Human beings are themselves considered consumer goods to be used and then discarded. We have created a “throw away” culture which is now spreading. It is no longer simply about exploitation and oppression, but something new. Exclusion ultimately has to do with what it means to be a part of the society in which we live; those excluded are no longer society’s underside or its fringes or its disenfranchised – they are no longer even a part of it. The excluded are not the “exploited” but the outcast, the “leftovers”.

That’s good description of populations marginalized by closed borders, isn’t it?

In this context, some people continue to defend trickle-down theories which assume that economic growth, encouraged by a free market, will inevitably succeed in bringing about greater justice and inclusiveness in the world. This opinion, which has never been confirmed by the facts, expresses a crude and naïve trust in the goodness of those wielding economic power and in the sacralized workings of the prevailing economic system.

Now this is a bit of a straw-man attack, but it doesn’t annoy me nearly as much from the pope as when Obama talks similarly, since when Obama talks this way, he’s being unfair to his Republican opponents, but the pope has no Republican opponents to be unfair to. If no one holds the views the pope attacks, so much the better; but some people, and some lines of thought, probably do tend that way, hence the warning. As Ryan Avent has noted, the “inevitably” makes the statement true. It is possible for strong economic growth to co-exist with exclusion and poverty, as in the days of Jim Crow laws… or, to cite a much larger and more example, today’s global apartheid regime of closed borders. Economic growth certainly can trickle down to the broad masses; it even tends to; but politics can prevent it from doing so; and that is very much the case today. That is why the pope is right to say that the opinion “that economic growth, encouraged by the free market, will inevitably succeed in bringing about greater justice and inclusiveness in the world… has never been confirmed by the facts.” As far as I can recall, every period of dramatic economic growth in history has been marred by forcible exclusion of some people from the fruits of prosperity, not merely in the sense that the property rights of the prosperous are protected (which is fine), but in the sense that violence is used to bar people from avenues of advancement through deploying their labor where it is most productive, and enjoying its fruits. Thus, the great age of Victorian progress unfolded alongside first slavery, then continuing racism, and the oppressive policies of some (not all) imperialists. Thus, the 20th century saw an unprecedented rise in living standards in the prosperous West, even as migration restrictions trapped the majority of mankind in Third World poverty.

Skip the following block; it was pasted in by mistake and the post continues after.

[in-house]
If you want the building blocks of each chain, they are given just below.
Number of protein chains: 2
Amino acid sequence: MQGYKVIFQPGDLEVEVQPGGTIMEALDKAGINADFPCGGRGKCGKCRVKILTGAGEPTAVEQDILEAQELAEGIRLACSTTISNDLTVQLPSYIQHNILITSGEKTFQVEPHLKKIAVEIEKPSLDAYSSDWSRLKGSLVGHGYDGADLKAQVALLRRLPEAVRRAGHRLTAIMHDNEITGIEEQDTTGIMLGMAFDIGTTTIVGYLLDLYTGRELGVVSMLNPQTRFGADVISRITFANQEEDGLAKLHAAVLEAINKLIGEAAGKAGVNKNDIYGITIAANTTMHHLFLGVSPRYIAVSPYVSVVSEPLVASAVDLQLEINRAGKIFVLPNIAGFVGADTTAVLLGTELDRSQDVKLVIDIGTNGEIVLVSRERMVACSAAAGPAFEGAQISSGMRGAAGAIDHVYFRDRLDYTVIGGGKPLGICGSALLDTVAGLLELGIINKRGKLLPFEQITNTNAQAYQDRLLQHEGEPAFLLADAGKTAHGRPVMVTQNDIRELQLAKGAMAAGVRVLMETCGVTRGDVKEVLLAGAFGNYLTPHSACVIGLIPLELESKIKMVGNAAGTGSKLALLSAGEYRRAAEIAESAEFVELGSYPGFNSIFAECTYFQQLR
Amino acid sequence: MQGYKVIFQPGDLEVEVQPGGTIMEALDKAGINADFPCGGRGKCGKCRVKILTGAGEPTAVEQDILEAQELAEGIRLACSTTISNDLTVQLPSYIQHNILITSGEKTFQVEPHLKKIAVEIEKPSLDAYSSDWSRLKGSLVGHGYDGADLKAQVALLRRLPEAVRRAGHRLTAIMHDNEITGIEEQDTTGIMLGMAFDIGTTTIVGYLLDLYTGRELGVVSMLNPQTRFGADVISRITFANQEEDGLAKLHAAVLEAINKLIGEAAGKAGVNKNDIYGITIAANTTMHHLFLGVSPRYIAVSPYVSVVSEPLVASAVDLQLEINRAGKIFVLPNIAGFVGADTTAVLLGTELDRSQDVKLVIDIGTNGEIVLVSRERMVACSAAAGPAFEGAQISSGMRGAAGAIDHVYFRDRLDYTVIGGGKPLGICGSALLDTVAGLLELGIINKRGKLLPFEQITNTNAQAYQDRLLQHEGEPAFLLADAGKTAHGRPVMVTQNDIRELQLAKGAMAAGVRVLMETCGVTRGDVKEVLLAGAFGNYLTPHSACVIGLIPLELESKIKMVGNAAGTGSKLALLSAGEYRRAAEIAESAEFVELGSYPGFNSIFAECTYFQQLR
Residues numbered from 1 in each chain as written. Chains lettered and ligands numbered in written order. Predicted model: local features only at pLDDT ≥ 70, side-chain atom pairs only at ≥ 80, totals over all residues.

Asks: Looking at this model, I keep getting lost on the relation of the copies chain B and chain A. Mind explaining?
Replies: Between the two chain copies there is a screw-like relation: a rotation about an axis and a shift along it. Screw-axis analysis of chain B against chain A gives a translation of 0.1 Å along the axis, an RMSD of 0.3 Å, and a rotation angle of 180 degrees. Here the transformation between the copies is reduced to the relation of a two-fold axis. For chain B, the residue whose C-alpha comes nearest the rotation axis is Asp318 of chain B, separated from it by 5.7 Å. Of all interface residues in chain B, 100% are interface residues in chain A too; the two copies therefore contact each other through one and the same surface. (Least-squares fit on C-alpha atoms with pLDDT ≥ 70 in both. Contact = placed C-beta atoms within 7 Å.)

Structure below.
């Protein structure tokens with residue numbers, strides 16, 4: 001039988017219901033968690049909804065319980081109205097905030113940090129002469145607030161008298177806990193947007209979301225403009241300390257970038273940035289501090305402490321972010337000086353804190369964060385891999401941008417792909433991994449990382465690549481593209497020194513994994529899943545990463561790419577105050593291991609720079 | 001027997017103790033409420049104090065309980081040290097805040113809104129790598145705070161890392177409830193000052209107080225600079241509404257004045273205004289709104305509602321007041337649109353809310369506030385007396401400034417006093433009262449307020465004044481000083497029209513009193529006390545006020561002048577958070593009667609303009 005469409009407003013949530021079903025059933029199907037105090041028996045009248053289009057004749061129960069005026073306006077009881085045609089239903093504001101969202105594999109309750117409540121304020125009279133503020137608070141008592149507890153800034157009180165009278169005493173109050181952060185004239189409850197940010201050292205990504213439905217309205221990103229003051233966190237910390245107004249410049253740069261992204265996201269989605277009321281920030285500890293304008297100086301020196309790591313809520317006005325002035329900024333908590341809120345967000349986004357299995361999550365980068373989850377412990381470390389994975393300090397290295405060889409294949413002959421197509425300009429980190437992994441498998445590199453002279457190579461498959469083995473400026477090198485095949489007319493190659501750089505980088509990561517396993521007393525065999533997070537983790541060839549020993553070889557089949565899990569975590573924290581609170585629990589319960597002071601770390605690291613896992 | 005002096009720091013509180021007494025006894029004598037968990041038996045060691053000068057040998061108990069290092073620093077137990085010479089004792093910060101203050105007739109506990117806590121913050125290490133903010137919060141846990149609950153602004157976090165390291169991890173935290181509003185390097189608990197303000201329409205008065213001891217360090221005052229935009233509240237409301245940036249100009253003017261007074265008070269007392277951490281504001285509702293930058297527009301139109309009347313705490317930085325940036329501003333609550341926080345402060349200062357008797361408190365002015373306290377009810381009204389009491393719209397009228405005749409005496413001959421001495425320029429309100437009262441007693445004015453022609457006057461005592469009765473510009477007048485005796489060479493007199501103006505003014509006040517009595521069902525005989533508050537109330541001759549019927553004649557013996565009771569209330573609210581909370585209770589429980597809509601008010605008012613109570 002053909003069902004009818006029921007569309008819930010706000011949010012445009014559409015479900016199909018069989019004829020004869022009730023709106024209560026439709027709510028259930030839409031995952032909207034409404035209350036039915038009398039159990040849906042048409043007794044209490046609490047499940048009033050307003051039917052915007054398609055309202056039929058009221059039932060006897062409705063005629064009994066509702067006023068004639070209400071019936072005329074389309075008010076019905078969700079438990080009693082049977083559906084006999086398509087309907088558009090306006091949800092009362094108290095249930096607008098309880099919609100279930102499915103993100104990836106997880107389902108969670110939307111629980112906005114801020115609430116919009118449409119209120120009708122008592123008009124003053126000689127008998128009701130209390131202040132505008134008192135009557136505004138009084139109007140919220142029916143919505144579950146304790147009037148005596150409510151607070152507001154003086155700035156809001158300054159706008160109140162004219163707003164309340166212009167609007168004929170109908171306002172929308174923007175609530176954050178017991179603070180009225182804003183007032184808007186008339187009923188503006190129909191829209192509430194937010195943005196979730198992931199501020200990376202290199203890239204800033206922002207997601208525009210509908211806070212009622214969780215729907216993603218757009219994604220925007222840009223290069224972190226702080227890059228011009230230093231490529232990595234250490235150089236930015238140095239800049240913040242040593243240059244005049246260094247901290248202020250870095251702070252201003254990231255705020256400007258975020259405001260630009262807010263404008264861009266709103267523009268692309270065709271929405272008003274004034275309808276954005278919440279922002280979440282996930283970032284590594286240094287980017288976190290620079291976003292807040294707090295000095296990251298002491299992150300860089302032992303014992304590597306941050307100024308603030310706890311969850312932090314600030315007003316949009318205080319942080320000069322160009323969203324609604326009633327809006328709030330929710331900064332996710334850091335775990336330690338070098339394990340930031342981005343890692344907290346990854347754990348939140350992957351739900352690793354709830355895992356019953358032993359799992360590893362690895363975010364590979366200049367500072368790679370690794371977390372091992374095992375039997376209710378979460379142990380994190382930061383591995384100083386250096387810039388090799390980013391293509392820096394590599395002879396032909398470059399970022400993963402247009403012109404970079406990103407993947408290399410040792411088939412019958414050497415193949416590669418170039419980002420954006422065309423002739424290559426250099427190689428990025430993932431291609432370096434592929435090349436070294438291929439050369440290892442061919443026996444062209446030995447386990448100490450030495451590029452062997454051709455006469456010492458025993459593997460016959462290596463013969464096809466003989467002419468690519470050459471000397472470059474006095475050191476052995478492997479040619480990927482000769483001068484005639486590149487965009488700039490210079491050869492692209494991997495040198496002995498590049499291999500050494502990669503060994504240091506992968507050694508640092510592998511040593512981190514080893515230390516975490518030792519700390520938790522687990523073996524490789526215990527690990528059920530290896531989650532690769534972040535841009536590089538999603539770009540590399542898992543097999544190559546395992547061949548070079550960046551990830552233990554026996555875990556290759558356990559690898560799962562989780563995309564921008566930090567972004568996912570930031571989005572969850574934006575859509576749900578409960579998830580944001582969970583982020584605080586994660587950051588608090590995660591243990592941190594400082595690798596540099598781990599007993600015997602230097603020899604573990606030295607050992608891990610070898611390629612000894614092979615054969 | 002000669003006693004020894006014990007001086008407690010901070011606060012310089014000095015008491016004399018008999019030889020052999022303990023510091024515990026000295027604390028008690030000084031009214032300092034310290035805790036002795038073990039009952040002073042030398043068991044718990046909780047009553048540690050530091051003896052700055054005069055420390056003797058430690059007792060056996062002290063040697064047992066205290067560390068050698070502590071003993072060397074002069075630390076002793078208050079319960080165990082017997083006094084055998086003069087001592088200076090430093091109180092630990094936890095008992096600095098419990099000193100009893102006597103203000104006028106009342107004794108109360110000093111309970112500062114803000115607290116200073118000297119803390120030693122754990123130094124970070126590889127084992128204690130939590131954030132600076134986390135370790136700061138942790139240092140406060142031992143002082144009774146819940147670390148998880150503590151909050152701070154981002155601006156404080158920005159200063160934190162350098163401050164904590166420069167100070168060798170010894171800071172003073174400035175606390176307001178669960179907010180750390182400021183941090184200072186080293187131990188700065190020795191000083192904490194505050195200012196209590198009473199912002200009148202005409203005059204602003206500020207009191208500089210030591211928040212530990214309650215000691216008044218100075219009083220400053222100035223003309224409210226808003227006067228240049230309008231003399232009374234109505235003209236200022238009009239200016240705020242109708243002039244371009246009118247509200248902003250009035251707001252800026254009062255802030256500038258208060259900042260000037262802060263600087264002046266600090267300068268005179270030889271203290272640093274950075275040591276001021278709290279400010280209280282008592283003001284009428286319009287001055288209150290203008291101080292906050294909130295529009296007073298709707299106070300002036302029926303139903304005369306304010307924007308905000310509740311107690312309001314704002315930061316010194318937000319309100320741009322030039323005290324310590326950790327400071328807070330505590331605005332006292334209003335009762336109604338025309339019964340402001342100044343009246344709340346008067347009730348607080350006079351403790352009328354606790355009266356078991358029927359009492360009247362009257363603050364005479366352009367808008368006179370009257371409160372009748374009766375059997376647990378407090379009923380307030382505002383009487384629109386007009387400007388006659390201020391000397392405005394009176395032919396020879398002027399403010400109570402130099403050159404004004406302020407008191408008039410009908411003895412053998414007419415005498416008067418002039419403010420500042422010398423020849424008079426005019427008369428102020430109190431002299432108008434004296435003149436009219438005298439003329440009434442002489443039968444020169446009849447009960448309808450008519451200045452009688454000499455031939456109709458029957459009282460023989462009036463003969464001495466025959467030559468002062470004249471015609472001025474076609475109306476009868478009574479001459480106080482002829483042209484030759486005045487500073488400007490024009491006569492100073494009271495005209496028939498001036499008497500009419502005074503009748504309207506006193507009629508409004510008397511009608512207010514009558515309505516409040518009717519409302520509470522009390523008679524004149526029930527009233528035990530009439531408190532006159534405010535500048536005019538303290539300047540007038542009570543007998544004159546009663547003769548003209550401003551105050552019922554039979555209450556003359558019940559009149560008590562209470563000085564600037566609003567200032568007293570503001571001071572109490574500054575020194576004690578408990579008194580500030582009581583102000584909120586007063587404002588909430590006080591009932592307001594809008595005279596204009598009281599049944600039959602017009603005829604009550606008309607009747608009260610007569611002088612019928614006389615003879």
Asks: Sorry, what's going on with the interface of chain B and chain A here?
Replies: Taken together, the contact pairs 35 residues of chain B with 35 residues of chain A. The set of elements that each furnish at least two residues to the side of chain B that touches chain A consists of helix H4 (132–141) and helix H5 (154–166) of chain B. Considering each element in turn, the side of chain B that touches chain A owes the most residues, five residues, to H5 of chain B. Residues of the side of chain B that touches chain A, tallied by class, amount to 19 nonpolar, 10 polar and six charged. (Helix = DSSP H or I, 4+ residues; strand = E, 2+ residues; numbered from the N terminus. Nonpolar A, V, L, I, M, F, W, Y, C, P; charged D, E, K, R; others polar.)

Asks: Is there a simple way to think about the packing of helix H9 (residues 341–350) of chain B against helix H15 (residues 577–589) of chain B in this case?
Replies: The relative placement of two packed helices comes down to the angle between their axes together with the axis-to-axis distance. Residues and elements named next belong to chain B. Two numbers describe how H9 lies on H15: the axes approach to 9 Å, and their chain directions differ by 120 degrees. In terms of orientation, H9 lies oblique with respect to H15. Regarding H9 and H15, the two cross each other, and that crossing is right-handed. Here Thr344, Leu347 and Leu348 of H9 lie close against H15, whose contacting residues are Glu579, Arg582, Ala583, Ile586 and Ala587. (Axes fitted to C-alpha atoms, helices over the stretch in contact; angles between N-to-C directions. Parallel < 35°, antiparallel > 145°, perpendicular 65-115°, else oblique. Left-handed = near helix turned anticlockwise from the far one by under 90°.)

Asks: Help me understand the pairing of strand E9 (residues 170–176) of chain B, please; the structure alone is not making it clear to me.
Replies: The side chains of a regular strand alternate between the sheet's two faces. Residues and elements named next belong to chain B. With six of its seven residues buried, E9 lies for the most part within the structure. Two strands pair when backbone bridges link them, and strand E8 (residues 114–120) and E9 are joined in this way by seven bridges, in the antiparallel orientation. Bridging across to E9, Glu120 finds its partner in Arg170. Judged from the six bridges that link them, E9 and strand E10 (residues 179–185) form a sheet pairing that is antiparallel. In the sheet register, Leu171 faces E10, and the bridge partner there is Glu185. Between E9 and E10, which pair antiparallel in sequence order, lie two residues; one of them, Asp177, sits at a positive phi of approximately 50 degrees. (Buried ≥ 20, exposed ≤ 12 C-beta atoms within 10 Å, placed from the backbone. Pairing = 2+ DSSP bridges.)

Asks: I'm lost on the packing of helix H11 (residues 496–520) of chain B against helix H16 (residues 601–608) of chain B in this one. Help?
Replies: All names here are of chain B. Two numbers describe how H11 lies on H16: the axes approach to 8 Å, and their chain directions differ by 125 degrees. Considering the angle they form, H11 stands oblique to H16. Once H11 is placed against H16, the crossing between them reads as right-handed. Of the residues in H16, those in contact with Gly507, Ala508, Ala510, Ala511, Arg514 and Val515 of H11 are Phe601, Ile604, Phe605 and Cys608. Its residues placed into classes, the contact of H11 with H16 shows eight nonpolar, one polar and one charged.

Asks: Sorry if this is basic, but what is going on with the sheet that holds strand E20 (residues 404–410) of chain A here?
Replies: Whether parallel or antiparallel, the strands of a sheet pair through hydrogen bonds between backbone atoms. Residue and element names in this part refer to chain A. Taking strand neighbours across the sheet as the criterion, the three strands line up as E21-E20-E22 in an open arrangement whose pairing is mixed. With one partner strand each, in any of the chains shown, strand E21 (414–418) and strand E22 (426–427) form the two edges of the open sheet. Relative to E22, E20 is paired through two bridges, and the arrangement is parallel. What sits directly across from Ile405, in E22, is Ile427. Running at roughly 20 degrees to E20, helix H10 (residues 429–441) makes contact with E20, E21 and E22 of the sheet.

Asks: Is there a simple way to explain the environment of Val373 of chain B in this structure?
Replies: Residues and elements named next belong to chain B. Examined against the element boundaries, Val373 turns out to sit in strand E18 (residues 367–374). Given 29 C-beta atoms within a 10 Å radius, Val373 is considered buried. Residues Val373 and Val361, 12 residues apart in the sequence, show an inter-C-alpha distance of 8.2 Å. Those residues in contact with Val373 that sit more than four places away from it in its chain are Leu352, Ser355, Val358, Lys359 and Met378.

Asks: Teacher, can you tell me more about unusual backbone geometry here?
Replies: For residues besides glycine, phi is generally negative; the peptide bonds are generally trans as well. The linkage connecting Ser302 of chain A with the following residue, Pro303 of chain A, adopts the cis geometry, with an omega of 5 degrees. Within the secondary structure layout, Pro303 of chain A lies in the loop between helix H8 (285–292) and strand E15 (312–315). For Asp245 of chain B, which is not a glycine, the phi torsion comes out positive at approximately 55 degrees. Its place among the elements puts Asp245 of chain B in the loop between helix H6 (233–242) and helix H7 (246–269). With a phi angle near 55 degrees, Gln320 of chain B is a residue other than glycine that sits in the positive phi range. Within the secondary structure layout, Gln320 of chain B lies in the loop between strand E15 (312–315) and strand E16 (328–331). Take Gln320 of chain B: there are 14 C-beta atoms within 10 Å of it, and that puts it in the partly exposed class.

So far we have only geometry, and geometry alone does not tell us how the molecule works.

Meanwhile, the excluded are still waiting. To sustain a lifestyle which excludes others, or to sustain enthusiasm for that selfish ideal, a globalization of indifference has developed. Almost without being aware of it, we end up being incapable of feeling compassion at the outcry of the poor, weeping for other people’s pain, and feeling a need to help them, as though all this were someone else’s responsibility and not our own. The culture of prosperity deadens us; we are thrilled if the market offers us something new to purchase. In the meantime all those lives stunted for lack of opportunity seem a mere spectacle; they fail to move us.